All of the things Zach was saying are how I was running the weight room back home. I only wanted guys who wanted to work, be on time, and train with the purpose of becoming a better athlete. If they couldn’t follow these guidelines, the weight room wasn’t an option for them. The environment that the players created was intense. These guys were competing every day, and it’s showing this football season.

When I left the Underground Gym that day, I told Zach that I would see him after the football season. Two weeks later, I was driving back to Edison, New Jersey, to become one of Zach’s Underground licensed strength coaches. I basically spent my whole summer at the Underground. I spent two days at the gym training and talking business with Zach and three other coaches. The knowledge that went through the gym was amazing. Traveling to Zach’s gym in early May brought back my dream of opening my own gym. When I walked into the gym, I knew that this was for me and that I wanted to have the same type of gym. I was doing a lot of similar training back in Rochester, but once I came to Edison, I was confident in myself that I could open and run my own warehouse gym.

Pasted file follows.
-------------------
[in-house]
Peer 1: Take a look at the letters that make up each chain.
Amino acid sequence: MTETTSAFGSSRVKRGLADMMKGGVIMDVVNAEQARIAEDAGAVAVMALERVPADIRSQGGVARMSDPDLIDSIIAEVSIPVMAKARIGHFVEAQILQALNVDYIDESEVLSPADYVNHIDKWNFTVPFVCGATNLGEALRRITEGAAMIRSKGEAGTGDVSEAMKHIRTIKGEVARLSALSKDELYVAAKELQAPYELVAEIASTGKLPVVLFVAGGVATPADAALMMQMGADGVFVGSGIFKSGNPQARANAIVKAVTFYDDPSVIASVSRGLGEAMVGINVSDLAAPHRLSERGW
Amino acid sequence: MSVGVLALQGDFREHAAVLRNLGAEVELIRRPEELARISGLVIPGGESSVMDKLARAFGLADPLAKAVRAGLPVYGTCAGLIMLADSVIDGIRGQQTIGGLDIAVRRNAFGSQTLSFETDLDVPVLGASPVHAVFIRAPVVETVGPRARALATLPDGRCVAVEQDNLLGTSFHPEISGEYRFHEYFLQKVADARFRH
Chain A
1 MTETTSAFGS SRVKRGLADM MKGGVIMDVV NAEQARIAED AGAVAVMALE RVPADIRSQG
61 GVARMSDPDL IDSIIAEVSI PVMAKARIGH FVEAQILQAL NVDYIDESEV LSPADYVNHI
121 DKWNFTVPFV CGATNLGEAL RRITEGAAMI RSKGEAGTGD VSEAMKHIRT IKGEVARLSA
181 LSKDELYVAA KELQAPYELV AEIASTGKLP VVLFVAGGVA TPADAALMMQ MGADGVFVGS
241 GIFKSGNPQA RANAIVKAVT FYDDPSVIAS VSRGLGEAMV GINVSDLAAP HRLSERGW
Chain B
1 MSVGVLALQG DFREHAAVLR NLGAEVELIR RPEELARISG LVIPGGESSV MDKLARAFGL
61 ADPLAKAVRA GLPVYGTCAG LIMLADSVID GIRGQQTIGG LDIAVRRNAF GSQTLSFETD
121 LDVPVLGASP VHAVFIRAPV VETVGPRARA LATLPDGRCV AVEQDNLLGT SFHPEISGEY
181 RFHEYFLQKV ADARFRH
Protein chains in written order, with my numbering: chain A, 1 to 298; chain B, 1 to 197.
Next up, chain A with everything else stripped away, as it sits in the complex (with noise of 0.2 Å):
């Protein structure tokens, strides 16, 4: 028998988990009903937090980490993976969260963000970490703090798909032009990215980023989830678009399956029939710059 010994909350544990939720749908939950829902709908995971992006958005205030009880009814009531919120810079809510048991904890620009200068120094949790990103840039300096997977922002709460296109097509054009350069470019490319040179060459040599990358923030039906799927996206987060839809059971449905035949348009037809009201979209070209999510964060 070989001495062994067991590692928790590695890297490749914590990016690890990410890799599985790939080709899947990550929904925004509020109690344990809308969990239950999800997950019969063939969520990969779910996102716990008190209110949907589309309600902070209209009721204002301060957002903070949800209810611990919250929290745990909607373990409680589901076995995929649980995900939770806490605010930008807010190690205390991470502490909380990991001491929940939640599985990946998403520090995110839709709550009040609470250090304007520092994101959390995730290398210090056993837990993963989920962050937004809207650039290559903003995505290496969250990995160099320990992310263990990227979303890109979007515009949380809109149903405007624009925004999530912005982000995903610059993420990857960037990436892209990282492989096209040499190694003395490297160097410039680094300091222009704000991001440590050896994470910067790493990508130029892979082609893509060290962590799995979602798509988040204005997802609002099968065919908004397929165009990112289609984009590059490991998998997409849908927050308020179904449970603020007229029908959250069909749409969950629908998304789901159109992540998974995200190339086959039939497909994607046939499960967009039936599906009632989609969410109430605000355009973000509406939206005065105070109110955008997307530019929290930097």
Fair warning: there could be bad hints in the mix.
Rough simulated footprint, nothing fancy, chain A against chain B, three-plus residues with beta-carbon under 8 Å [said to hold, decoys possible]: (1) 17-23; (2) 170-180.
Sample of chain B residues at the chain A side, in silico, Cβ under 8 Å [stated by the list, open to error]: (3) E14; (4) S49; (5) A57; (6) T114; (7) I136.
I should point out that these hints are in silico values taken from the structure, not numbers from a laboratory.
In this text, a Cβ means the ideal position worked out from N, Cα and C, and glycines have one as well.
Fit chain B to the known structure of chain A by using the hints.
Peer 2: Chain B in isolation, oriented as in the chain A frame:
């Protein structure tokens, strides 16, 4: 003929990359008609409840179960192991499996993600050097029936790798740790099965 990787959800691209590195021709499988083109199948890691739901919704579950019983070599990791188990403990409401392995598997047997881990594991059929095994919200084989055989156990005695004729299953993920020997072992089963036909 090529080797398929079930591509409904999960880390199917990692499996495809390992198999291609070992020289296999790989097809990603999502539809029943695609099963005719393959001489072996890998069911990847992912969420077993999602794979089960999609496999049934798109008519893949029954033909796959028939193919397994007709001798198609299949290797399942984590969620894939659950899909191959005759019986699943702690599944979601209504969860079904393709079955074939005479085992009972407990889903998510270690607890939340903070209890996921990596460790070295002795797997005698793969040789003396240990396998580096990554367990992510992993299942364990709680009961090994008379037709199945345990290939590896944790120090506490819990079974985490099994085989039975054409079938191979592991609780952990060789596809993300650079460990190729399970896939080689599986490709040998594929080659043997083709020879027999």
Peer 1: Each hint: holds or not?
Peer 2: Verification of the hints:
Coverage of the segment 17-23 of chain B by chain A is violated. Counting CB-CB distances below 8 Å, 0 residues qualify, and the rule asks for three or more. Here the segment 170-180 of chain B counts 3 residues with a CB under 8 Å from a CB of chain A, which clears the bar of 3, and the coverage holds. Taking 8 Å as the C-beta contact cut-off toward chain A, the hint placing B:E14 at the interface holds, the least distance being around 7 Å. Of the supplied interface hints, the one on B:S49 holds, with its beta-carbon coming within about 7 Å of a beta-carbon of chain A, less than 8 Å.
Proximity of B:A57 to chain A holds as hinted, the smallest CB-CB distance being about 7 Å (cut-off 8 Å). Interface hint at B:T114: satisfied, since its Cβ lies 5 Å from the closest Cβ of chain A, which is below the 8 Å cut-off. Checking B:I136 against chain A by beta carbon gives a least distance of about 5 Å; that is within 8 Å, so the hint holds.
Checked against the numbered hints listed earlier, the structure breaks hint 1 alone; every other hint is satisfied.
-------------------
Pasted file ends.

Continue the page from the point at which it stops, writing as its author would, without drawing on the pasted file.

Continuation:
This is when I started looking for my own garage gym. Zach has guided me through this process by answering all of my questions and putting me in the right direction. I looked around for a month and came across a garage in Monaca, Pennsylvania. Monaca is across the river from Rochester and the two towns hold one of the greatest high school football rivalries. Each year, the two football teams play for the naming rights of the bridge that separates the two towns. If Rochester wins, the bridge is called the Rochester-Monaca Bridge. If Monaca wins, the bridge is called the Monaca-Rochester Bridge. This will be the last year for the rivalry that started in 1913. Monaca will be merging at the end of this school year.